Then [Job's] wife said to him, "Do you still hold fast your integrity? Curse God and die." But he said to her, "You speak as one of the foolish women would speak. Shall we receive good from God, and shall we not receive evil?" In all this Job did not sin with his lips.
—Job 2:9-10 ESV
I came back from the men's retreat I was on this weekend, but I did not return as I had hoped. Instead, I came back home weeping on the inside.
This is not the fault of the good men I grew closer to this weekend, but it has everything to do with the knowledge that even in the midst of good company, people truly do grieve alone. And I'd be lying if I claimed I was not grieving.
How long I've been grieving is a more difficult assessment. Or even what I'm grieving. Grief doesn't always announce itself or its intentions, we just know it's there, brooding. However, having the opportunity to get away and think a little may have jarred loose a few answers to both questions of "How long?" and "What?"
I'm grieving answers to prayer.
I'll say right away that you won't find a doctrine on this anywhere in the Scriptures. If you're the kind of person who detests what you might perceive as extrabiblical conjecture, then reading on will only anger you, so better stop right here and skip to another post. For anyone else, all I ask of you is to listen with the Spirit.
Anyone would think another a fool for grieving those answers to prayer that led to sustained blessings, and he'd be right. What's hard is dealing with answers to prayer that resulted in a firm No. Harder still is the answer that led to blessings that were later taken away before they bore fruit.
The accident that renders the promising athlete a quadriplegic. The new husband who loses his bride to an aneurysm only a month after their wedding. The career dream that was reached, only to be snatched away. The ministry that failed. The stillborn child.
We grieve them, don't we? Olympic glory. A love built for the future. The dream we put our sweat into all these years. The heeded call of God put into action. The child of hope. Once they seemed so beautiful in our thoughts and prayers, but what now? There is only grief.
It's popular in many Christian circles to counsel people that it's perfectly fine to get mad at God. But what of Job's response? He called such advice foolish and did not sin with his lips by giving in to such hellish temptation. Grief, though, was permitted, and so he grieved in the sackcloth of his acquired poverty and the ashes of his dreams.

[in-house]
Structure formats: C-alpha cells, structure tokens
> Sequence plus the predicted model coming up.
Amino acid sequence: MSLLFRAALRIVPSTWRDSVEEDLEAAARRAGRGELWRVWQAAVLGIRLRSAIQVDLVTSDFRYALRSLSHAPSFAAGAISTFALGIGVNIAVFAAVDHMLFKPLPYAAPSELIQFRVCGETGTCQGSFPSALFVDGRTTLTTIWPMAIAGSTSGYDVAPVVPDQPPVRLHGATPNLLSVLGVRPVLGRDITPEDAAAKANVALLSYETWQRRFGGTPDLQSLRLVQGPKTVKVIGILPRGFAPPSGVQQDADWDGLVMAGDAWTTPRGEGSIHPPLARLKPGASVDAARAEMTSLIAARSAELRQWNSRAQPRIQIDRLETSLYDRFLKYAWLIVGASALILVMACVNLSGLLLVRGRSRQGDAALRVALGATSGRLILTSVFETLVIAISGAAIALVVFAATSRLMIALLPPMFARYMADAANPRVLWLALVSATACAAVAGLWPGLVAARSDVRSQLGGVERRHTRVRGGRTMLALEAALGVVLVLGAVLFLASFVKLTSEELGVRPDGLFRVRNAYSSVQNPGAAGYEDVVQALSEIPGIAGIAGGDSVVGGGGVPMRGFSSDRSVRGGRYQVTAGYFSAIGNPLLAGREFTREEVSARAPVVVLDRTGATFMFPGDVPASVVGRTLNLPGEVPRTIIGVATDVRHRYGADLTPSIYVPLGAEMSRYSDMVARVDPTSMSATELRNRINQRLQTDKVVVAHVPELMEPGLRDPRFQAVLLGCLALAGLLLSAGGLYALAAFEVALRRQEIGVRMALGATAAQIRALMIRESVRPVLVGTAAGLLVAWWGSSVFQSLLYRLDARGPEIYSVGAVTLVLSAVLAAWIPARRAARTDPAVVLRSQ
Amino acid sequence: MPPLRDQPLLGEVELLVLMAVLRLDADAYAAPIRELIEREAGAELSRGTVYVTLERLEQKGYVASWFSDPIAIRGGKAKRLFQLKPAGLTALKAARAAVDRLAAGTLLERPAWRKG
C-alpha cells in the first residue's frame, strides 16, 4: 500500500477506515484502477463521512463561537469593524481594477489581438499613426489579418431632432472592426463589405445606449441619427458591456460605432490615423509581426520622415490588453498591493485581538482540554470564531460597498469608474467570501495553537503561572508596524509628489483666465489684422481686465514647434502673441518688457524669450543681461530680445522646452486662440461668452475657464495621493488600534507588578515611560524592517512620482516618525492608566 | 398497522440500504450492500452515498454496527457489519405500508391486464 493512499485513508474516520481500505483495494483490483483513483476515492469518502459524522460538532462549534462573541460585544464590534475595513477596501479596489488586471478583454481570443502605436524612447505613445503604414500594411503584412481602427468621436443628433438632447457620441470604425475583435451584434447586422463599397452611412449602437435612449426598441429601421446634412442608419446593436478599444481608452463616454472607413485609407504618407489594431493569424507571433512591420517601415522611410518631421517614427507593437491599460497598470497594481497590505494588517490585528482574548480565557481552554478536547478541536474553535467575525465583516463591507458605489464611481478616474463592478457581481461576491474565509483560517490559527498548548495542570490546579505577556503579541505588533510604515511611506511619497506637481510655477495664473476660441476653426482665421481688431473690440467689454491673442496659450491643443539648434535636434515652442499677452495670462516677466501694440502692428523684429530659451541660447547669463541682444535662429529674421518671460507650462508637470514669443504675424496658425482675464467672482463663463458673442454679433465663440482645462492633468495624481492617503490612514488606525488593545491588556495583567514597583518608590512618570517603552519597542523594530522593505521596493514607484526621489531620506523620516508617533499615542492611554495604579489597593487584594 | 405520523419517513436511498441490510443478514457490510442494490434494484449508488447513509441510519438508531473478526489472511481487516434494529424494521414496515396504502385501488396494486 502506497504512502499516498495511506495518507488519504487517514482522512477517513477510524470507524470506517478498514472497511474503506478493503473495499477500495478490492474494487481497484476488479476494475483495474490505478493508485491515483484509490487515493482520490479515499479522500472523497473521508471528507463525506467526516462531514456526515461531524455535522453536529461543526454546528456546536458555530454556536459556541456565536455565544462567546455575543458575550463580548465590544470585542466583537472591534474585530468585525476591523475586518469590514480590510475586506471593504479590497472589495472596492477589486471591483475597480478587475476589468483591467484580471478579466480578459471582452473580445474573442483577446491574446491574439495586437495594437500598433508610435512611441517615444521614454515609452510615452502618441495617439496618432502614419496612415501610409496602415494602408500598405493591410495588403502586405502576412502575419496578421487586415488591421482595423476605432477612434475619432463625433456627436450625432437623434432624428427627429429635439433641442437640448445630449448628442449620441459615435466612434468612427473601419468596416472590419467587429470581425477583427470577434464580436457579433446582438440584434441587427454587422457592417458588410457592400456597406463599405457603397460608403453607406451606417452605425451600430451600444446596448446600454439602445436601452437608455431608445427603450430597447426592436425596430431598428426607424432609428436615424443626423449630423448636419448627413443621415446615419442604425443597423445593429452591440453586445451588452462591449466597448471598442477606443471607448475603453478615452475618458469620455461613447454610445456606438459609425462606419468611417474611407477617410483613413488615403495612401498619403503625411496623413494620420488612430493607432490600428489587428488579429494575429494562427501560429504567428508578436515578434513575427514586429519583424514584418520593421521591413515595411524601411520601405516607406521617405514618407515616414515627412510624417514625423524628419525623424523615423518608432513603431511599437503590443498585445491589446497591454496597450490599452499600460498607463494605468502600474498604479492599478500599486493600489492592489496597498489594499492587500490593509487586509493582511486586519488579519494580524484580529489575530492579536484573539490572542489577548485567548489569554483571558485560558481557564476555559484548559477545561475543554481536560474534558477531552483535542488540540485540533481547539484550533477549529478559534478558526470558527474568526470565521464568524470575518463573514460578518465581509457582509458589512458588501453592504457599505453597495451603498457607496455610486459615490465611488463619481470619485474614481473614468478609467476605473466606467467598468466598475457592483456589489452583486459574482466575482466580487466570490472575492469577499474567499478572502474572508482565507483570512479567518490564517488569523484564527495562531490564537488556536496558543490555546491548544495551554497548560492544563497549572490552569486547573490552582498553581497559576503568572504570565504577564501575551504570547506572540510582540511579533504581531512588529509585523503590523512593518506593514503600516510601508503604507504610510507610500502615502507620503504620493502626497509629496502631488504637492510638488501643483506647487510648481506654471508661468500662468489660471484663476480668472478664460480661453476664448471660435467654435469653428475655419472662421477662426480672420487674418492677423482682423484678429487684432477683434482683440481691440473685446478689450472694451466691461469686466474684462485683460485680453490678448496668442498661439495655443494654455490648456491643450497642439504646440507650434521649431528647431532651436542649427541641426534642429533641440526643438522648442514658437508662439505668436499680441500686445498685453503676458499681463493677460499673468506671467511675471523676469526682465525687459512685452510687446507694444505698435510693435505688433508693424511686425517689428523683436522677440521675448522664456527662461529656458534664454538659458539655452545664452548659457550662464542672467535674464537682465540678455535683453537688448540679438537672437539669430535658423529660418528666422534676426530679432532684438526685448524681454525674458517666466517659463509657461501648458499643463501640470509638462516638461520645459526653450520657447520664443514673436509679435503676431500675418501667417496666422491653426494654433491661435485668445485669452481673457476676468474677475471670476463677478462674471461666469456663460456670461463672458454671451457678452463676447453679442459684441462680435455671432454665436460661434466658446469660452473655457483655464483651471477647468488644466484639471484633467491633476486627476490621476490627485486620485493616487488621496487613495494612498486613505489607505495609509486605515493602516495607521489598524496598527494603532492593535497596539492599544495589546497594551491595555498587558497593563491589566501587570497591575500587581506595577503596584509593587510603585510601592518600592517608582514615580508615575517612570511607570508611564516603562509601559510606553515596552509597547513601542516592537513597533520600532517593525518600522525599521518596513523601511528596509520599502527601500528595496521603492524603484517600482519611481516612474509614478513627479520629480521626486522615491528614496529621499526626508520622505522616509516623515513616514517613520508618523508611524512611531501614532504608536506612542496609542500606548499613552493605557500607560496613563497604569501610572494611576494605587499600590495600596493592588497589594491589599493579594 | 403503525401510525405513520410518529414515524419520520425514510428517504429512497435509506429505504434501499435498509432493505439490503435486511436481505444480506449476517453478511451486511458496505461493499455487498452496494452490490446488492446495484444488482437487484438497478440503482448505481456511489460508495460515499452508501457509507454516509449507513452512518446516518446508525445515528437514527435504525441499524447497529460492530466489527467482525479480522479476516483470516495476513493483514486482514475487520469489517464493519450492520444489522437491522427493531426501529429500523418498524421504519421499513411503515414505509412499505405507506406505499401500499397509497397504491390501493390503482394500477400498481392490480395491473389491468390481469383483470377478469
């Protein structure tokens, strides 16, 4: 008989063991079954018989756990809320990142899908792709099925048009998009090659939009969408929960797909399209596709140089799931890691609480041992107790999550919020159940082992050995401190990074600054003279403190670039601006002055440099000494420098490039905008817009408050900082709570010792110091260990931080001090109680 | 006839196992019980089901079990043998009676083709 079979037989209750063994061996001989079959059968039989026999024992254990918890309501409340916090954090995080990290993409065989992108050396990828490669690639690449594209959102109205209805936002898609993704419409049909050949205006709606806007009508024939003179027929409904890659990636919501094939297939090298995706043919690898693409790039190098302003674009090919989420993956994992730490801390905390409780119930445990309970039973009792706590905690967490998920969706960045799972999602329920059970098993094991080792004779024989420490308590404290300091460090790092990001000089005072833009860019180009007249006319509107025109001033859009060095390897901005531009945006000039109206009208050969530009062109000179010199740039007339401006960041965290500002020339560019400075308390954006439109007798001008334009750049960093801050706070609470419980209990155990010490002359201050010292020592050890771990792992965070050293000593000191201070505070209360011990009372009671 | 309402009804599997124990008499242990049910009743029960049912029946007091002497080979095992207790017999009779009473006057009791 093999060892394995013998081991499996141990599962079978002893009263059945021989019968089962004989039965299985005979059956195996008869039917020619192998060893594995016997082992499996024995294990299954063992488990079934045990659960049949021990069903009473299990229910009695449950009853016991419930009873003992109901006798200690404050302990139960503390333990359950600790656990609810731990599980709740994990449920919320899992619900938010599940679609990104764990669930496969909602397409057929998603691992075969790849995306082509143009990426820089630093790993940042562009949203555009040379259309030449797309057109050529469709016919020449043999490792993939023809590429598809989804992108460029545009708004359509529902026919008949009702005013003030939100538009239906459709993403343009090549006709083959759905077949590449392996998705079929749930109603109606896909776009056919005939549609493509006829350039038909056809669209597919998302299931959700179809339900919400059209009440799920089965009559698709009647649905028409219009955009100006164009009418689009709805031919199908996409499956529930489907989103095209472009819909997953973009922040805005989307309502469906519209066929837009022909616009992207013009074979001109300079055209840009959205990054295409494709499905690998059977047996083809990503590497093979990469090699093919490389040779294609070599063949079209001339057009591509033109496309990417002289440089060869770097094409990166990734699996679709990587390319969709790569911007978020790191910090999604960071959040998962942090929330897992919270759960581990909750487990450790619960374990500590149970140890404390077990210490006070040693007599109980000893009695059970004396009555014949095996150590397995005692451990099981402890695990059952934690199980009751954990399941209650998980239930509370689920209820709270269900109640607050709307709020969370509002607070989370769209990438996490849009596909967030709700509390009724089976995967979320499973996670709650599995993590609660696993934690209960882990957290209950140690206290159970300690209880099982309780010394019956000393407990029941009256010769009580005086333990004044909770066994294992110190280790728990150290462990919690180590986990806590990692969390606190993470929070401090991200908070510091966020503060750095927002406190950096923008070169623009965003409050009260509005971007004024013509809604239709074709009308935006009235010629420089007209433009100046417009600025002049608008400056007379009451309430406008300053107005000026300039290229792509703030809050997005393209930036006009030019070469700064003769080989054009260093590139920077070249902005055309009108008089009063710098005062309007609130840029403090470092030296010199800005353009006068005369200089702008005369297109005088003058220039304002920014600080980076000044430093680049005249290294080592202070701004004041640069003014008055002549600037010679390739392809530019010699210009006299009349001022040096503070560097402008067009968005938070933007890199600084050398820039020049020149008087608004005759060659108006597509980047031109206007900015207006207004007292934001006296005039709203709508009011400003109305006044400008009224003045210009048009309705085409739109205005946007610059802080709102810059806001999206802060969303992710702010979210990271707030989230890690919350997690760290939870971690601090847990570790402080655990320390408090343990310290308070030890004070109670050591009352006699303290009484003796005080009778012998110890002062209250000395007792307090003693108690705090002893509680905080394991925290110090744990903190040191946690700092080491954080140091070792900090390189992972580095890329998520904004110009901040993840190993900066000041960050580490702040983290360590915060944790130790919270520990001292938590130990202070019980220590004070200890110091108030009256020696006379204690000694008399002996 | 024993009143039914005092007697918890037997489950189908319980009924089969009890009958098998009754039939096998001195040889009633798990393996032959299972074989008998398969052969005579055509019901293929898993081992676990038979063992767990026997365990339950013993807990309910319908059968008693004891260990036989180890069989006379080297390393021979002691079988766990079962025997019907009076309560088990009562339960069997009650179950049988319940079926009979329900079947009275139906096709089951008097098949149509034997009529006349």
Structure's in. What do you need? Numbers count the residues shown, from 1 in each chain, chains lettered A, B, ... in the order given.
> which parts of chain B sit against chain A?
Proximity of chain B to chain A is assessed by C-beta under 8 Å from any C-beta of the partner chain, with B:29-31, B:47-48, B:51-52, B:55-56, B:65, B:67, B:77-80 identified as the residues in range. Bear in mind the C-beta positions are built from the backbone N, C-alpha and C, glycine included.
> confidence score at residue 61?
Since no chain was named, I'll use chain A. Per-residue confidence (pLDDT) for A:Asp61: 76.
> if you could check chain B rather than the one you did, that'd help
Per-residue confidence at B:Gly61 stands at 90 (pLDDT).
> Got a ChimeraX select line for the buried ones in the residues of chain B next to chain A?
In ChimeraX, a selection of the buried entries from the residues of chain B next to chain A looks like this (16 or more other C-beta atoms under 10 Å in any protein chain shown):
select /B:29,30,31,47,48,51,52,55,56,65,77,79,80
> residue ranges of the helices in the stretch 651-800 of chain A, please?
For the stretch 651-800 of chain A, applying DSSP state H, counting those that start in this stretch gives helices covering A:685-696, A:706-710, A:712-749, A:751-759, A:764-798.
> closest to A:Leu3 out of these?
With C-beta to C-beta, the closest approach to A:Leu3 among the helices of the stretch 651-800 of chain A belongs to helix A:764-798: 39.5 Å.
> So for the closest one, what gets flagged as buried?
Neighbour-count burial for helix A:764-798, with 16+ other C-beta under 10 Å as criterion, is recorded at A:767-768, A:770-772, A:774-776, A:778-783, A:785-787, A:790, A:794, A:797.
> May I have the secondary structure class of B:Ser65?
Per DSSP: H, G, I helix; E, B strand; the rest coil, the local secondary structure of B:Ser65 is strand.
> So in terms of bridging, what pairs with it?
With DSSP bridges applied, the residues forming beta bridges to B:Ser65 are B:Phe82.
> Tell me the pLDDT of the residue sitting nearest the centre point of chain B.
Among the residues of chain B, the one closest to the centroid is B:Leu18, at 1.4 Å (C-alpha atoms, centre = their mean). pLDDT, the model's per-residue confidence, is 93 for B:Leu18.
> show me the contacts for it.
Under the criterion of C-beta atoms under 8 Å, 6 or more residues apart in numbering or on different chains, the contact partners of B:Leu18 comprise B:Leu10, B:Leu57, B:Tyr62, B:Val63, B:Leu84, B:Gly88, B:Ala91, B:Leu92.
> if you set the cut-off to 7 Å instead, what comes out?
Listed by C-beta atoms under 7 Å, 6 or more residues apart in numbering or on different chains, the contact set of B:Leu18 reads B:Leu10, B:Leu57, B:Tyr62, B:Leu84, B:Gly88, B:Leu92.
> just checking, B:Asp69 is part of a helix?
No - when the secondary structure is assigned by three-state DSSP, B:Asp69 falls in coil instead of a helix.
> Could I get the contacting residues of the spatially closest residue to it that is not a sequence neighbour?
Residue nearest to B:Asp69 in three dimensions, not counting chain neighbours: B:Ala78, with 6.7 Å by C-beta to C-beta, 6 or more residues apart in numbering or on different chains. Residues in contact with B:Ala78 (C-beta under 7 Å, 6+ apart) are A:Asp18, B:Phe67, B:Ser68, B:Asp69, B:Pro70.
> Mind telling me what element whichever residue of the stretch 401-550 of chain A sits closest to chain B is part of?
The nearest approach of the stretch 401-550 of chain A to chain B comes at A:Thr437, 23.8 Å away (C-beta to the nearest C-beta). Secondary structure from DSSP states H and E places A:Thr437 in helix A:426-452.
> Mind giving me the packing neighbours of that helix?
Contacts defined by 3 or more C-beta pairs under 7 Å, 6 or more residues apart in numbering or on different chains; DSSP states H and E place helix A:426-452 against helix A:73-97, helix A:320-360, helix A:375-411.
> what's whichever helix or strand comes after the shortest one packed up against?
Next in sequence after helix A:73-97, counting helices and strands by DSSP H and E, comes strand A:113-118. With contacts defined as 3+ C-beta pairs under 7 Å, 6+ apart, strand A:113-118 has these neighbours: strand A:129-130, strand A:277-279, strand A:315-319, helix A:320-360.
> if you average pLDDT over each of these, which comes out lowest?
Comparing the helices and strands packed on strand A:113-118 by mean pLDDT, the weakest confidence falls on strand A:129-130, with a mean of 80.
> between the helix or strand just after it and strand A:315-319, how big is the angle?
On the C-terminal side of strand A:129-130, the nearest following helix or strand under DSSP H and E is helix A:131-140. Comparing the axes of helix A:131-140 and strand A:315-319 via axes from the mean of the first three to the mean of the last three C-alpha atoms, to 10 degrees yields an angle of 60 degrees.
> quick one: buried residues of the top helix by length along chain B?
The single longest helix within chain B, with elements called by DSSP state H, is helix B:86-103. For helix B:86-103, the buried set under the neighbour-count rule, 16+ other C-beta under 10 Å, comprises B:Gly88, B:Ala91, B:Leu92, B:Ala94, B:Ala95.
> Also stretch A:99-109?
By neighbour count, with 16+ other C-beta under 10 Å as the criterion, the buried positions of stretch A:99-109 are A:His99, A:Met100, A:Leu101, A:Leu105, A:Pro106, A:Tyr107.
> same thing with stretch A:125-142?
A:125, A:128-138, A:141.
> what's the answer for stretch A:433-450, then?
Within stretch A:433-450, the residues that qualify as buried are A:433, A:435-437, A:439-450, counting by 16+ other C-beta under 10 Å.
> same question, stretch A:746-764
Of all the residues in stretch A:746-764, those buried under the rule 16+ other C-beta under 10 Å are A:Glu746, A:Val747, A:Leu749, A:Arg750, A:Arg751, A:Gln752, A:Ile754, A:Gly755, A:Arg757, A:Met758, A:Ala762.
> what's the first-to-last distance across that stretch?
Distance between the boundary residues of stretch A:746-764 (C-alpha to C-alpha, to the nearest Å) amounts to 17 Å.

Job's question is a penetrating one: Shall we receive good from God, and shall we not receive evil? As for me, I believe Job is right, but I must also believe that grief is allowed when the prayers of the righteous result in something other than their intentions.
I was once told the story of a teen who was one of those extraordinary few who God revealed the purposes of her life. He gave her an enormous burden for the African people, so much so that her whole heart was given to missions at a young age. Upon graduating from high school, she worked hard to raise support and was richly blessed by the many people who loved her and caught her vision. When she was selected to join a team going to the African interior, the joy was palpable. She boarded the plane, set foot in Africa, and promptly died from a fever within days.
As far as anyone knows, she never got to share the message of Christ with anyone there. Thousands had prayed for her, hoped for her, and supported her. But what of all those prayers?
I used to think there was always a lesson in happenings like this, but I'm not certain I do any longer. Some things just are and perhaps all we can do is grieve those answers to prayer that we do not understand. I know people who have driven their faith into the ground looking for a lesson from some horrid injustice that pierced them, but what if there is no lesson other than the way of suffering? What if grief is its own lesson?
Some things make no sense. I know that I reflexively must understand why something is the way it is. None of us says, "Thy will be done!" easily, particularly when that will seemed to lead to ruin. Why did that bright girl with a heart as big as the world start and end her journey the same week? My only response is grief for a prayer answered in a way I cannot comprehend.
We in our household appear to be receiving an extra portion of these questions whose only answer is grief. The way of the cross? I would like to think so. Maybe this is the ultimate meaning and source for that manner of grief, but like a fog it rolls in and obscure everything else before burning off in a shimmering morning that paints diamonds on the grass.
Let us accept good and endure evil. And may our faces be turned to the Son.